Kent’s communities and a no-deal Brexit: accessibility planning, now!
Dr Susan Kenyon explains how lessons learnt from operation stack needs to be used for a county-wide transport plan in the event of a no-deal Brexit.
The government’s no-deal Brexit border planning has, thus far, reduced Kent to a through-route for goods and travellers. For communities in Kent, this is deeply worrying.
We are more than a through-route. We are a community of 1.8million people, who need to move. When we can’t move, we can’t access education, employment, health and social care, food, family and friends.
The Strategic Road Network (SRN) through Kent is limited, in terms of length and capacity. Any disruption to the flow of vehicles through Kent, to the west into England or the east into Europe, very quickly leads to congestion on motorways and trunk roads. This, in turn, leads to traffic leaking onto the Local Road Network (LRN), spreading congestion from the SRN into our towns and villages.
In the event of a no-deal, at 11pm on 29th March, the regulations that govern the entrance and exit of goods and people from the UK will change. Increased checks will slow the flow of people and goods across our borders. Previous experience tells us that delays at these borders very quickly leads to gridlock on Kent’s roads, with destructive effects for people in Kent’s communities.
In 2015, border closures resulted in a devastating reduction in accessibility to key services for local communities.
Within hours, the bottle necks at our ports resulted in traffic jams on our major roads, which quickly led to traffic jams on our local roads. Because of this, people simply could not get to where they needed to go.
Within days, our communities were suffering from the consequences of this. Care workers were not able to get to those they look after. Patients were not able to get to doctor’s surgeries. Hospital appointments were missed. People could not get to shops to buy food. Employees could not get to work. Pupils could not get to school, nor students to Higher Education. Parents lived with the fear that they would not be able to get home to look after their children.
The increase in HGV use of local roads, plus increased non-designated HGV parking in our towns and villages, also had negative impacts on the living environment. This included community bifurcation, fear of road traffic incidents, fear of crime, alongside local environmental impacts, including noise, waste, pollution, air quality and potential localised climate change.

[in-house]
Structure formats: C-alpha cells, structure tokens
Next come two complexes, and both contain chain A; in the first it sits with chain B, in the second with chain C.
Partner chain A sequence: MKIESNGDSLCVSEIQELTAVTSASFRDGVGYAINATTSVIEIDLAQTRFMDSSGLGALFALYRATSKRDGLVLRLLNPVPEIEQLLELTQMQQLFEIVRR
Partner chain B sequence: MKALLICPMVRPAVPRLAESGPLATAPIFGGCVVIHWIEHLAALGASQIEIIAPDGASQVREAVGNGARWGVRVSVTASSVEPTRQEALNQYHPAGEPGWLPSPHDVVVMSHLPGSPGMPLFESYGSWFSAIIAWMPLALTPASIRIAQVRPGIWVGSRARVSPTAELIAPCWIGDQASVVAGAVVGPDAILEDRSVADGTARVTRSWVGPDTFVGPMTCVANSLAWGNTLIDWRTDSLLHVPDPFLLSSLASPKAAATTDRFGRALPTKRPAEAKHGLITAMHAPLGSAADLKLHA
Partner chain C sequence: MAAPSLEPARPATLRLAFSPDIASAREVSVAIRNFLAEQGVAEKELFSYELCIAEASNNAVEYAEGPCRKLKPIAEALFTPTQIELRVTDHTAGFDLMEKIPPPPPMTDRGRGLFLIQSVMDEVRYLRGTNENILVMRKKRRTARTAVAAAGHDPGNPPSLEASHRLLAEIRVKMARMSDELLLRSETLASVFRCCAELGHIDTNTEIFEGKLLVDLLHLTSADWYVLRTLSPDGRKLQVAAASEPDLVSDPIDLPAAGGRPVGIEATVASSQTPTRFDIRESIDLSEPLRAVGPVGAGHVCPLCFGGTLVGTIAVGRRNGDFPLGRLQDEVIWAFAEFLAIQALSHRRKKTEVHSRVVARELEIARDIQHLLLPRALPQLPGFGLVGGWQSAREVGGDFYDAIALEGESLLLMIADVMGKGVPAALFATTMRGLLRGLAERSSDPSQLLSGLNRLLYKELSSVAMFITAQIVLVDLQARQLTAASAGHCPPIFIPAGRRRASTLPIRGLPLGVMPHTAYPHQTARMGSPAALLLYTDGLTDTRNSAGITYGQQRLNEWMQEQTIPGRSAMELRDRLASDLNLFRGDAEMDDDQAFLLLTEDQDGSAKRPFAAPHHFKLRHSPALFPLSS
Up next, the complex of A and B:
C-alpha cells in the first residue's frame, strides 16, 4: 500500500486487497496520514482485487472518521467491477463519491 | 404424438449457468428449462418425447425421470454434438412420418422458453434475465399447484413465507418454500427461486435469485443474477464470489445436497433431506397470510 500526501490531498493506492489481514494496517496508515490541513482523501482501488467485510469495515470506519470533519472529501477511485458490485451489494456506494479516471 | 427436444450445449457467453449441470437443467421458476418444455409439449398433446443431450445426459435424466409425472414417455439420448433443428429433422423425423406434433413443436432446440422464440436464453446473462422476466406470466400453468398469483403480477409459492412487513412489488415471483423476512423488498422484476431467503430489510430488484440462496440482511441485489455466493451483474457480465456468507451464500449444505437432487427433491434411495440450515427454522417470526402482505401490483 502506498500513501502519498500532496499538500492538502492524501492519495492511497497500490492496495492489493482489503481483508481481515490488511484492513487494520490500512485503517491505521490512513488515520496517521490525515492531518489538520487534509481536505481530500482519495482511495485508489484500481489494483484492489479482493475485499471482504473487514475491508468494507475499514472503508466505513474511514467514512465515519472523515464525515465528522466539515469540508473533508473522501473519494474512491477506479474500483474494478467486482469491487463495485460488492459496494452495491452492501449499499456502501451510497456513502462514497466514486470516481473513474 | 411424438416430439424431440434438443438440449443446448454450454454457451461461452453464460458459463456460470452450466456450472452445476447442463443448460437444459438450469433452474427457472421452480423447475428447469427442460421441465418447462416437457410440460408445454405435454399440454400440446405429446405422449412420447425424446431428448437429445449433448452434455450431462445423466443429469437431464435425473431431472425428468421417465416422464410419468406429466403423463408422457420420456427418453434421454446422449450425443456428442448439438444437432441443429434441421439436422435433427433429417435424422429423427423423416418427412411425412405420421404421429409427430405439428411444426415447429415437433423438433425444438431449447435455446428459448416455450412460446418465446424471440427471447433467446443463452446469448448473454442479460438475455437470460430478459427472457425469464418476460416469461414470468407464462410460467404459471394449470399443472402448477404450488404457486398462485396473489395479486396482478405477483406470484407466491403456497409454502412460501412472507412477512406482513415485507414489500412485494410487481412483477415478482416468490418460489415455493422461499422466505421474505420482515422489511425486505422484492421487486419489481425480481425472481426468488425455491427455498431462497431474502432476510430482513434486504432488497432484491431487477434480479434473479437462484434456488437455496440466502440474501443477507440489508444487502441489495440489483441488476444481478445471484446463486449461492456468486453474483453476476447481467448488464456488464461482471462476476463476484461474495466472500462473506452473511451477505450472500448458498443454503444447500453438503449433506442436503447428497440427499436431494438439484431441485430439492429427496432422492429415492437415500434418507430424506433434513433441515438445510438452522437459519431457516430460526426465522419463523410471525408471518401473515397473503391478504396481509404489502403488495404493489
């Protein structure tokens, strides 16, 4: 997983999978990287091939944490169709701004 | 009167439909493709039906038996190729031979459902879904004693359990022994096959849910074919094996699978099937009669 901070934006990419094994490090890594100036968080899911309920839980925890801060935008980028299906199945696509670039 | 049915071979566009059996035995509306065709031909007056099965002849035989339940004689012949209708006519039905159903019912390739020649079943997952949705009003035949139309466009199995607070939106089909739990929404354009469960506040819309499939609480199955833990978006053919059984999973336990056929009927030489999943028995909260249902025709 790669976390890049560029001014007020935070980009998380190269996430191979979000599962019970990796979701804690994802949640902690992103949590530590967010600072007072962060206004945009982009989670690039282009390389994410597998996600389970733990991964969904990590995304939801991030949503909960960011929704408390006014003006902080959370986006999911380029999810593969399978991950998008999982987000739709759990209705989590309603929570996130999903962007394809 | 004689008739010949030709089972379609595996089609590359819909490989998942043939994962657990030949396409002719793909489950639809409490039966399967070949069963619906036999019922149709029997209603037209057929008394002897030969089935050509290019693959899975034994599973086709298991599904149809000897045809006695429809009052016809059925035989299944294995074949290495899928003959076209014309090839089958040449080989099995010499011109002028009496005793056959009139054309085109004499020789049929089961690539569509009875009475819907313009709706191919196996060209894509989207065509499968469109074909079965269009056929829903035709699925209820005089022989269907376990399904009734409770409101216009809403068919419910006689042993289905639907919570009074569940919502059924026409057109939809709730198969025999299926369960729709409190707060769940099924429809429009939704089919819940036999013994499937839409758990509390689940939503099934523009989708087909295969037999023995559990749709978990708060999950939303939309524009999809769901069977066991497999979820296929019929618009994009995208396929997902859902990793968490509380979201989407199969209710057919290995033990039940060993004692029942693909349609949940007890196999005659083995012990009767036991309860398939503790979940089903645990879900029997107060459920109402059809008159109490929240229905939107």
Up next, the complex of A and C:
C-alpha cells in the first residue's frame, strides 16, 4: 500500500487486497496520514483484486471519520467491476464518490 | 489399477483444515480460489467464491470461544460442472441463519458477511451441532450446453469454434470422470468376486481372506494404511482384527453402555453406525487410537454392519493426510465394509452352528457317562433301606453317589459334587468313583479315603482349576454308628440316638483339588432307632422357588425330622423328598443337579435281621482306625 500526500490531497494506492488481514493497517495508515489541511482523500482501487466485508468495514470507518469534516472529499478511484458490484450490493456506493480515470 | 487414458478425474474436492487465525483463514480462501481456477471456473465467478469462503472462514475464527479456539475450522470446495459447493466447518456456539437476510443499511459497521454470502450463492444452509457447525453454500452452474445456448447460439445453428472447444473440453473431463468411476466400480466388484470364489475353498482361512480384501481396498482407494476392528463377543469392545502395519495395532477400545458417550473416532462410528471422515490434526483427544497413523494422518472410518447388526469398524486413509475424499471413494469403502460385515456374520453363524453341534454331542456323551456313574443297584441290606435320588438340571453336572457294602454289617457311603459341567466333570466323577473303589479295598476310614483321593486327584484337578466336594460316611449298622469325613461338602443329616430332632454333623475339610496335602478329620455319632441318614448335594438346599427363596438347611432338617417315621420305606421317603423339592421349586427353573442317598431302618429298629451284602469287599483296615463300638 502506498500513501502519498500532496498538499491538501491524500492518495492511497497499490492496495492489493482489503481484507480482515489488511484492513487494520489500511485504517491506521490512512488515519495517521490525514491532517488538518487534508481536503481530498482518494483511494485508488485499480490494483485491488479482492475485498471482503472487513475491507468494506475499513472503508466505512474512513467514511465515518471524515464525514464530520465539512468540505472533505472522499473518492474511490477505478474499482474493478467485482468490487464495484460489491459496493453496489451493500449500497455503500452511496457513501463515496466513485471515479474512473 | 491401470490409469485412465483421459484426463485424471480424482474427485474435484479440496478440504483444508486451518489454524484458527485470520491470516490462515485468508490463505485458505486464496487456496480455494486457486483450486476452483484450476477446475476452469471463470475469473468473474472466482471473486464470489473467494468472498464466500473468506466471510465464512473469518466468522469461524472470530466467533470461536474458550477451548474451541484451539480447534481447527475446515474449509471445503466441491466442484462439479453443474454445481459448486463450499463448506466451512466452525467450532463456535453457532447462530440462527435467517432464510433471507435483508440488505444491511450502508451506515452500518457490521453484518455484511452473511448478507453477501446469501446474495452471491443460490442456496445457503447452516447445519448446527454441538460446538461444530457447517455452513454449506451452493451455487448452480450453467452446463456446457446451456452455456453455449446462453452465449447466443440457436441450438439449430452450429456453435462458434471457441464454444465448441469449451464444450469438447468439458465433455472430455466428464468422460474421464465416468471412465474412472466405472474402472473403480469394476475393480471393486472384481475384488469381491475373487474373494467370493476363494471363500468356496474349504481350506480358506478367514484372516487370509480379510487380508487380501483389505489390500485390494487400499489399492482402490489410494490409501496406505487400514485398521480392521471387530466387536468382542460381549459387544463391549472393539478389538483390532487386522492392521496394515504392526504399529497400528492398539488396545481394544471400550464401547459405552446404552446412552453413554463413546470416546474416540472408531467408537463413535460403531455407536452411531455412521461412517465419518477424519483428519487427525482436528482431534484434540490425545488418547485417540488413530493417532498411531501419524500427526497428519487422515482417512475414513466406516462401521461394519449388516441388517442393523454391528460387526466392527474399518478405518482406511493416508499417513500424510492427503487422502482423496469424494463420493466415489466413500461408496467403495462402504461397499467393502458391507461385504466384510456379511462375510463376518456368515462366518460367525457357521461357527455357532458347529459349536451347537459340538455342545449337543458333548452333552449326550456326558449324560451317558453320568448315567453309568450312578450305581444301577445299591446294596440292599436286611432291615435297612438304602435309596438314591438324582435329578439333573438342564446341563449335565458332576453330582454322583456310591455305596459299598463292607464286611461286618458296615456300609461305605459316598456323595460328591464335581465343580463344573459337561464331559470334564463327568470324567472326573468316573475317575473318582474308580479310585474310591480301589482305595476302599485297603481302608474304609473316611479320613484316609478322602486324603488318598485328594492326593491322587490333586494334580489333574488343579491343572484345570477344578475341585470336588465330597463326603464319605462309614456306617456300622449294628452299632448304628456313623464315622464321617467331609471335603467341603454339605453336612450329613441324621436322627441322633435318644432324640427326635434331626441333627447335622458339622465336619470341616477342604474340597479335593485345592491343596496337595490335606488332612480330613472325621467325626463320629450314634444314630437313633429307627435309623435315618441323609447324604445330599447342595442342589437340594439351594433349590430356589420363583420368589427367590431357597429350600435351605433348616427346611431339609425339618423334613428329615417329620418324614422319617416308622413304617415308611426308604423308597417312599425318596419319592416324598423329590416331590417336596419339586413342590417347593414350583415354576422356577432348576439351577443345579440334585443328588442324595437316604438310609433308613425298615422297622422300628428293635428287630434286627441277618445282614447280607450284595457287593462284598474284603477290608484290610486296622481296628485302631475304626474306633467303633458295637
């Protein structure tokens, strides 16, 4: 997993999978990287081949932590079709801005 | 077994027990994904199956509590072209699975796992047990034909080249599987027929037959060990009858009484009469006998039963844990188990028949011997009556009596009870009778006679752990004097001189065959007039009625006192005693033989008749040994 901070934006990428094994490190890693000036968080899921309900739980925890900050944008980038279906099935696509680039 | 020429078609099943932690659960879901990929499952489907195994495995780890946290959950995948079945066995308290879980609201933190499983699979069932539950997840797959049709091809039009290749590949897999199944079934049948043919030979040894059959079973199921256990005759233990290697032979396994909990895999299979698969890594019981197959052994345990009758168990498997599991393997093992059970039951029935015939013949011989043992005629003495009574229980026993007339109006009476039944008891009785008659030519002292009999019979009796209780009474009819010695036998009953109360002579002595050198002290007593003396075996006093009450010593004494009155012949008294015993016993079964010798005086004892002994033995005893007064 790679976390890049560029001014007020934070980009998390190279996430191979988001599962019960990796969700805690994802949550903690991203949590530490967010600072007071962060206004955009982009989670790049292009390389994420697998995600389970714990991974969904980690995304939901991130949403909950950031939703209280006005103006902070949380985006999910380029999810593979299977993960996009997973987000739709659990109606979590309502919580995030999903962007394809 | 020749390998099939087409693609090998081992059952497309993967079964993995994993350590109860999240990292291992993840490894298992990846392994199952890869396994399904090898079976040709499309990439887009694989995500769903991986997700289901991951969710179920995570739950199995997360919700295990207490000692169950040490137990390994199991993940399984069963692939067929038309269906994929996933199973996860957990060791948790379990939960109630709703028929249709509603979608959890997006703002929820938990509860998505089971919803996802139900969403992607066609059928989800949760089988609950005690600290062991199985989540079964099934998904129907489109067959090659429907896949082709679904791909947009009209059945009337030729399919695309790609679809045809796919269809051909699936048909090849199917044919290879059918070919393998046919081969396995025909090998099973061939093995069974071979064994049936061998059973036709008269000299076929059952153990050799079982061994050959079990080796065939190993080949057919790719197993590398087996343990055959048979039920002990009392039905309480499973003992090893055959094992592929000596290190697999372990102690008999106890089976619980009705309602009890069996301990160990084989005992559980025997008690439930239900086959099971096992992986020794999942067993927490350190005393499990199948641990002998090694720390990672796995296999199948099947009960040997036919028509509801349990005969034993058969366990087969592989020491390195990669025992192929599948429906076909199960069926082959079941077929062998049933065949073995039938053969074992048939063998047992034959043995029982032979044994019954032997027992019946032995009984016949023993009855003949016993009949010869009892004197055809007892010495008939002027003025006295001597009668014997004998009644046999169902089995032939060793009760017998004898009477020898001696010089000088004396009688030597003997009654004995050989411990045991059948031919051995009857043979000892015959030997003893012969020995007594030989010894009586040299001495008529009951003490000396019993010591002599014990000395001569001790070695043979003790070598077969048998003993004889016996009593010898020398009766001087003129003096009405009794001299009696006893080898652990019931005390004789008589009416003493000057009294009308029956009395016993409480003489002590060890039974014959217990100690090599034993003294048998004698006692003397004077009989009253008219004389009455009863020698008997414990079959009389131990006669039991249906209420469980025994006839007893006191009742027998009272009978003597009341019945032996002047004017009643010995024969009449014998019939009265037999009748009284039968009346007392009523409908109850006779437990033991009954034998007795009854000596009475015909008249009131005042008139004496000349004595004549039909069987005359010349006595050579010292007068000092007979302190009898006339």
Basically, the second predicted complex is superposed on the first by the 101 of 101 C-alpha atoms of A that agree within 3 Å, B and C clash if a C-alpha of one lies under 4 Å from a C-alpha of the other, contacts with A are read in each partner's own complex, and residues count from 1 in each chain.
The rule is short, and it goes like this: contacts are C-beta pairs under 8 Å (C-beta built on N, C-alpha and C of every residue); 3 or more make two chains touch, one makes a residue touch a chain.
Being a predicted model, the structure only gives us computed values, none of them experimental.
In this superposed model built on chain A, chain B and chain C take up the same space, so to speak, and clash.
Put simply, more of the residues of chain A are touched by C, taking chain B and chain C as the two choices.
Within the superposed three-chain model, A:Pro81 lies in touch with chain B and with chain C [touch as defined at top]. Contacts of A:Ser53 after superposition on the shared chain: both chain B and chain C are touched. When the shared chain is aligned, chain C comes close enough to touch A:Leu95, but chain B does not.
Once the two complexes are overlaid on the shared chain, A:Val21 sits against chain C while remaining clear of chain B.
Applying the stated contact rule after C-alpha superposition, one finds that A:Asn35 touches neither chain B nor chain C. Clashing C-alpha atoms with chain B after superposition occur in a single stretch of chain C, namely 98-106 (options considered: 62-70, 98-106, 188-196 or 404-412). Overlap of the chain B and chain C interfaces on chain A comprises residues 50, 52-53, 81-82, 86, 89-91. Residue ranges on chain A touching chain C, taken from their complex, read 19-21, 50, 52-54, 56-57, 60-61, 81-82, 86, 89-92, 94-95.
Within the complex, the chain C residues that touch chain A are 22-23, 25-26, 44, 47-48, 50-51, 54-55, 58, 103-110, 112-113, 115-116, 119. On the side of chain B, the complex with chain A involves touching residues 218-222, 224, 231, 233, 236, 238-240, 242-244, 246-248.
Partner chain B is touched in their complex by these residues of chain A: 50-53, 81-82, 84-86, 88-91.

Could this happen again?
If our borders are slowed, or blocked, after Brexit, the logical assumption is that it is inevitable, that this will happen again. Astonishingly, however, we do not yet have any reliable studies telling us what the impacts of Brexit border changes for communities in Kent will be.
Three small studies have reported gridlock on specific roads on the SRN, focusing on the impact on through-times from the border crossings in the east to exit in the west.
Political concern has focused on the impact of this on through-traffic carrying time-limited products, including vegetables and medicines, or products for just-in-time manufacturing, to the rest of the UK and Ireland. However, we desperately need to understand the impacts of congestion on all roads in Kent. We need to understand the impacts not only on access by car, but also by public transport and on foot. We then need to understand the impacts of congestion across Kent upon accessibility for Kent’s communities. Will children be able to get to school, employees to work, carers to the people that they look after?
With information, we could plan to travel by alternative routes or modes, at different times, or to different locations. We could arrange community-focused solutions, for example co-ordinating medical appointments with others in the local area and car sharing to the surgery, co-ordinating delivery of goods/medicines, co-ordinating work at home days to enable collection of children from school. We could develop contingency plans to ensure that care can continue, if carers cannot get to those they care for. We could plan for short-term virtual delivery of key services.
All of these are possible short-term solutions to ensure that communities in Kent can continue to thrive.
An important step in the longer term is to create a transport model: mapping how traffic behaves under normal conditions, before adjusting key variables – in this case, congestion and road closures – to predict what will happen to the road network in different situations.
A whole-county model will take time to develop. A more immediate solution would be to study the communities that we know will be affected first, considering KCC’s future plans for Operation Brock, alongside who was affected before, during Operation Stack.
With information from such a study, we can develop contingency accessibility plans, to ensure that our communities can continue to function in the event of no-deal Brexit border issues.
We need to plan to maintain access for Kent’s communities, in the event of a no-deal. We need to plan now.
A full version of this blog is available on the Politics and International Relations blog.
Dr Susan Kenyon is a Faculty Director of Learning and Teaching. She has studied transport and travel behaviour since 1998 and has published extensively in the area of transport, accessibility and social exclusion.